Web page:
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N-MOSFET as AC switch, triggered by DC (Hypothesis).

AnwarM.E.

New Member
Read about N-CHANNEL MOSFET’s. Gate and Base act as a capacitor; When gate reaches Threshold Voltage it allows current to flow from Drain to Source terminals by attracting negative charged electrons in between, constructing a conductive bridge.

It is easy to select two oposite charges on DC without major variations, however rectified AC waves, both have to variate in synchrony to keep a stable potential difference.

This shouldn’t go further with independent Base terminal MOSFETS, which could (theoretically) preserve its own potential difference with the Gate, from Drain and Source current. Nevertheless, common commercial ones comes mostly with Source and Base merged terminals.

Because capacitance variations transforms into D-S ohmic variations, Vds it is supposed to change quadratically(or so), being Vs = Vb, affecting capacitance bridge and creating acute waveforms.

From other perspective, DC Gate, DC Drain-Source MOSFETS circuit configurations also should be affected from smaller capacitance issues in the ohmic region, but they are used commonly that way anyway.

Explanatory attachment from a scheme where a DC current is applied to the Gate, while AC is passed through the D-S terminals.

¿What do you think will happen if this circuit is implemented?
 

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gophert

Well-Known Member
Most Helpful Member
Read about N-CHANNEL MOSFET’s. Gate and Base act as a capacitor; When gate reaches Threshold Voltage it allows current to flow from Drain to Source terminals by attracting negative charged electrons in between, constructing a conductive bridge.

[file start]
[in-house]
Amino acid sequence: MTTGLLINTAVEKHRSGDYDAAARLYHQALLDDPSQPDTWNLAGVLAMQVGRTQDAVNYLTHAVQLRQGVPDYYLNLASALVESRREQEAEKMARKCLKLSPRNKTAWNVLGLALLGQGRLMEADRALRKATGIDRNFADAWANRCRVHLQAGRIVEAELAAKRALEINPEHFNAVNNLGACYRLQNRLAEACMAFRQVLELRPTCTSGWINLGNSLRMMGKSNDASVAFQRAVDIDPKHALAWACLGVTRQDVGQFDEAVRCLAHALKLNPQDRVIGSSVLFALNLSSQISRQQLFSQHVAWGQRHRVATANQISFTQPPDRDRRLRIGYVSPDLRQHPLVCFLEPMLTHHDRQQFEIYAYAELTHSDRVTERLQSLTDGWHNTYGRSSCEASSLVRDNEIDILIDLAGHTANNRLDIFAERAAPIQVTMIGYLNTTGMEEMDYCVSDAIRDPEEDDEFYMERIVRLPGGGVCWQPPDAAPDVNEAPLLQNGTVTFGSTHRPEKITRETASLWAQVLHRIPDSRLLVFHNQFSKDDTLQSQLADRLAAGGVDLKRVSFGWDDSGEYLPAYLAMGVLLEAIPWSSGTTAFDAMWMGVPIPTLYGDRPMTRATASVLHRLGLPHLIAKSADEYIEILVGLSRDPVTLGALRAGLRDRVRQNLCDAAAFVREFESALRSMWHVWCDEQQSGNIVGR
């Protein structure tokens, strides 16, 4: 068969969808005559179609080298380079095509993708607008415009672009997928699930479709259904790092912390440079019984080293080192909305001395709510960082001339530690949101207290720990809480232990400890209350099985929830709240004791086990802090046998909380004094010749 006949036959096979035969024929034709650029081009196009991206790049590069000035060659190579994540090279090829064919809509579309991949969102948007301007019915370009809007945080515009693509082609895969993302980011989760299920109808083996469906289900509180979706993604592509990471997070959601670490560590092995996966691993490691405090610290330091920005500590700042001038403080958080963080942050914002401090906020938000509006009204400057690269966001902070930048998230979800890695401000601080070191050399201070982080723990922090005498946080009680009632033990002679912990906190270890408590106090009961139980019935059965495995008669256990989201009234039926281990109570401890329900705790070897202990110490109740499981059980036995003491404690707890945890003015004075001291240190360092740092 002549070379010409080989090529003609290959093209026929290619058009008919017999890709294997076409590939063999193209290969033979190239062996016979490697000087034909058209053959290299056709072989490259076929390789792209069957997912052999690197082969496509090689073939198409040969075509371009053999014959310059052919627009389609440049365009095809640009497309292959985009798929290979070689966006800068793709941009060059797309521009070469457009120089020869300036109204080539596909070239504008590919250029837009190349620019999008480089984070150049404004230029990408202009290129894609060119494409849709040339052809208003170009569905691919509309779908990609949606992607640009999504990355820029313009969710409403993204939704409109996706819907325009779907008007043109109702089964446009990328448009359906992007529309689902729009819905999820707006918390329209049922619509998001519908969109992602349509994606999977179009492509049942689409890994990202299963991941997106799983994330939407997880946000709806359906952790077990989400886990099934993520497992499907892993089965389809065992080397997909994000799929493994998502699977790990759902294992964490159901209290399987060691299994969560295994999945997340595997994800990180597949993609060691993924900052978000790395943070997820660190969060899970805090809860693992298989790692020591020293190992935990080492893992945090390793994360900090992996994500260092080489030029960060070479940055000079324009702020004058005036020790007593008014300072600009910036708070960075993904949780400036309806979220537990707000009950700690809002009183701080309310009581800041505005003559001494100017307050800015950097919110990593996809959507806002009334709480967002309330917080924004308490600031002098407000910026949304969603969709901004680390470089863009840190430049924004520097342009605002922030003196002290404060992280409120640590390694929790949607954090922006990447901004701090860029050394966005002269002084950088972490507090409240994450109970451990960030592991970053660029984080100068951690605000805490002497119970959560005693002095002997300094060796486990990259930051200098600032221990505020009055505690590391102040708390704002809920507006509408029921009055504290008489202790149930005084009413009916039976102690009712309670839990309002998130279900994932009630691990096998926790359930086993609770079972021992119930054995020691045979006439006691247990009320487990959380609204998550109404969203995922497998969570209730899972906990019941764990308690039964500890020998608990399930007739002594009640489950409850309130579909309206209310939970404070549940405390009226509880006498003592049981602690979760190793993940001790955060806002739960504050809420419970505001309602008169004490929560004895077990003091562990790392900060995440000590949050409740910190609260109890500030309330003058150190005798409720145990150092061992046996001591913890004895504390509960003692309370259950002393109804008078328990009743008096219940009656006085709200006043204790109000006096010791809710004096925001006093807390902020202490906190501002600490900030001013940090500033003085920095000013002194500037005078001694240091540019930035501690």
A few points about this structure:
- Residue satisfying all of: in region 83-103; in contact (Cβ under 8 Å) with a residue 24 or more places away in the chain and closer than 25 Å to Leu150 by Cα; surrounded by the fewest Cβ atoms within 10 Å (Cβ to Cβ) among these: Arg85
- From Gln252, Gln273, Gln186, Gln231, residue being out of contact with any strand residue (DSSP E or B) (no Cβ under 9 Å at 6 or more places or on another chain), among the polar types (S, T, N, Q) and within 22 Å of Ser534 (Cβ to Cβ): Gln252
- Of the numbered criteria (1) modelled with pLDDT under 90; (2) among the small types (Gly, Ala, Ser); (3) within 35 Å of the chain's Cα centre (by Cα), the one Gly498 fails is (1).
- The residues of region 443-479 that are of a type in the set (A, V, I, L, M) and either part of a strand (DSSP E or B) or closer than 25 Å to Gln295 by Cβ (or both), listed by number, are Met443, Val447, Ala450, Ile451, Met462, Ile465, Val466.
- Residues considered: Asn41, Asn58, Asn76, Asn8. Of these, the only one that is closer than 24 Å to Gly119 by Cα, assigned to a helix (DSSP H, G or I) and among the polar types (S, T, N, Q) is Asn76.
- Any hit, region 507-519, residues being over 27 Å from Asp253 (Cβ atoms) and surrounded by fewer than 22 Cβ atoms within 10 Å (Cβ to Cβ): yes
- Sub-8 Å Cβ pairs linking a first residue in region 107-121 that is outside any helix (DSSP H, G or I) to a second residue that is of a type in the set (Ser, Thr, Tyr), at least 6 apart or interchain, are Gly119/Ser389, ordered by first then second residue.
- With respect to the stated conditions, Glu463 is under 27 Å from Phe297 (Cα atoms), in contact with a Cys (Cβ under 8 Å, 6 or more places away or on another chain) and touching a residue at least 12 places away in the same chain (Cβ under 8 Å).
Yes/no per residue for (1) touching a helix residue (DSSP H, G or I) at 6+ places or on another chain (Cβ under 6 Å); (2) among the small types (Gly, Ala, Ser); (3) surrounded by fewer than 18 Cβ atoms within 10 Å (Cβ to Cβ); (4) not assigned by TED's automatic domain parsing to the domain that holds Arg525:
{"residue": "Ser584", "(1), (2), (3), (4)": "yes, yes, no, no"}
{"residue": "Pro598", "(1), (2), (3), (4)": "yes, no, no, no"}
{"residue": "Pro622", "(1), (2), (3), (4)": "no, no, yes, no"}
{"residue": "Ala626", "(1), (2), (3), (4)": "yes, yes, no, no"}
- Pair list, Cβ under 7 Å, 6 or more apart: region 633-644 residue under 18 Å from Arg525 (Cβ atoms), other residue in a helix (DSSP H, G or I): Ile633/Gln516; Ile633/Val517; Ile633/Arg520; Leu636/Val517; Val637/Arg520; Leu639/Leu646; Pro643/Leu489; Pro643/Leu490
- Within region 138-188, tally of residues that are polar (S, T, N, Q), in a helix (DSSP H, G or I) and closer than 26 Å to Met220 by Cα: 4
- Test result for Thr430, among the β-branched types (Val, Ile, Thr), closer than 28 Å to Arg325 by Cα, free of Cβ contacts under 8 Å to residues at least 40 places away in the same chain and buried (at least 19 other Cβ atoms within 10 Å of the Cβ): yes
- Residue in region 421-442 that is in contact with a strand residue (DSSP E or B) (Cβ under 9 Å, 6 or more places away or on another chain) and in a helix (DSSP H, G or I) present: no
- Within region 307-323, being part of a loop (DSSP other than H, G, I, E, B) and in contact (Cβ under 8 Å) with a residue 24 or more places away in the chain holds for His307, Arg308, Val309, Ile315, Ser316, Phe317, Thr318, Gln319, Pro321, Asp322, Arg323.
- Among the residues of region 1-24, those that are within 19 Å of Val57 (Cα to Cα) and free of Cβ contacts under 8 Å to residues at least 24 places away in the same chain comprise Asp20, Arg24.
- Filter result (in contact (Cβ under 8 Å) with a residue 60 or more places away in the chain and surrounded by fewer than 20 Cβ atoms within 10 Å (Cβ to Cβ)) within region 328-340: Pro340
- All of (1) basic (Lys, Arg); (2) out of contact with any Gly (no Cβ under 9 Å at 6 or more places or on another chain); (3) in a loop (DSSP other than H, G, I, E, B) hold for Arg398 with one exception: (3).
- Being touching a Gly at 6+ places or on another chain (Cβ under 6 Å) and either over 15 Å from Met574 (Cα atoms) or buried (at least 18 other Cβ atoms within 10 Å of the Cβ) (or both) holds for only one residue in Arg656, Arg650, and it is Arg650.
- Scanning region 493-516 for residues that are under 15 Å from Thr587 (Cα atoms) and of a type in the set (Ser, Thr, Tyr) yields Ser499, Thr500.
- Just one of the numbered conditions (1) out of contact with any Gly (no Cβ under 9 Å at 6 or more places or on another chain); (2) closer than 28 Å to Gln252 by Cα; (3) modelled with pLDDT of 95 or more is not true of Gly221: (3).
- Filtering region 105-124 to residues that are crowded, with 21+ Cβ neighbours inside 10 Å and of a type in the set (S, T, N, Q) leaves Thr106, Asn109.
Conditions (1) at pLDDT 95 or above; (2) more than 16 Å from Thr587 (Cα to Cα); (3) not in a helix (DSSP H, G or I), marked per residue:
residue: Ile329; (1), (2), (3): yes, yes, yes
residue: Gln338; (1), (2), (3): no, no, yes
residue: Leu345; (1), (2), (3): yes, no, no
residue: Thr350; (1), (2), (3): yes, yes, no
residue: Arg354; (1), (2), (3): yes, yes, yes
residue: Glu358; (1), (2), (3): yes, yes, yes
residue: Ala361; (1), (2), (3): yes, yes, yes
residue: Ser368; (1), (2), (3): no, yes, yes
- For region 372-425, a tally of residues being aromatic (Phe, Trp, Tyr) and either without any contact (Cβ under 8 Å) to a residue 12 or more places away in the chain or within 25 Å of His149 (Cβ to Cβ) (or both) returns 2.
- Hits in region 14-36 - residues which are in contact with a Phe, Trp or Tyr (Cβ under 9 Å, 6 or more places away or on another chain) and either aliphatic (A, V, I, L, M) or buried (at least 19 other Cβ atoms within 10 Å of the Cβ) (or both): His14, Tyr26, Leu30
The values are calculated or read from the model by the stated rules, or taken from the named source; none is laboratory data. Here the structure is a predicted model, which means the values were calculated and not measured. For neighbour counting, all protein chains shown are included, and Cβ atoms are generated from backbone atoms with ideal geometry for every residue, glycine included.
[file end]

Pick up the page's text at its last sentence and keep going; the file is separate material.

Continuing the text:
It is easy to select two oposite charges on DC without major variations, however rectified AC waves, both have to variate in synchrony to keep a stable potential difference.

This shouldn’t go further with independent Base terminal MOSFETS, which could (theoretically) preserve its own potential difference with the Gate, from Drain and Source current. Nevertheless, common commercial ones comes mostly with Source and Base merged terminals.

Because capacitance variations transforms into D-S ohmic variations, Vds it is supposed to change quadratically(or so), being Vs = Vb, affecting capacitance bridge and creating acute waveforms.

From other perspective, DC Gate, DC Drain-Source MOSFETS circuit configurations also should be affected from smaller capacitance issues in the ohmic region, but they are used commonly that way anyway.

Explanatory attachment from a scheme where a DC current is applied to the Gate, while AC is passed through the D-S terminals.

¿What do you think will happen if this circuit is implemented?

It depends what the gate is connected to.
 

Pommie

Well-Known Member
Most Helpful Member
When I was about 10 (about 1970) I opened/examined a drill speed controller. It had the same arrangement but with a thyristor shorting the bridge. I eventually realised that the bridge was between the mains and the drill. The drill still saw AC but the thyristor saw DC.

Mike.
 

AnwarM.E.

New Member
When I was about 10 (about 1970) I opened/examined a drill speed controller. It had the same arrangement but with a thyristor shorting the bridge. I eventually realised that the bridge was between the mains and the drill. The drill still saw AC but the thyristor saw DC.

Mike.
Yes. Hear about using thyristors for power operations, but since they only switch off when reach 0 or negative voltage, are a bit dangerous, same hear about IGBT.

I would test it also with a high current bipolar transistor.
 

AnwarM.E.

New Member
And AC is at 0V 100 or 120 times every second. By triggering part way through each (rectified) half cycle you can vary the power to the device.

Mike.
Thanks. Also want to add a potentiometer or a PWM function after solving the switching, and it may even overwrite it.
 

Pommie

Well-Known Member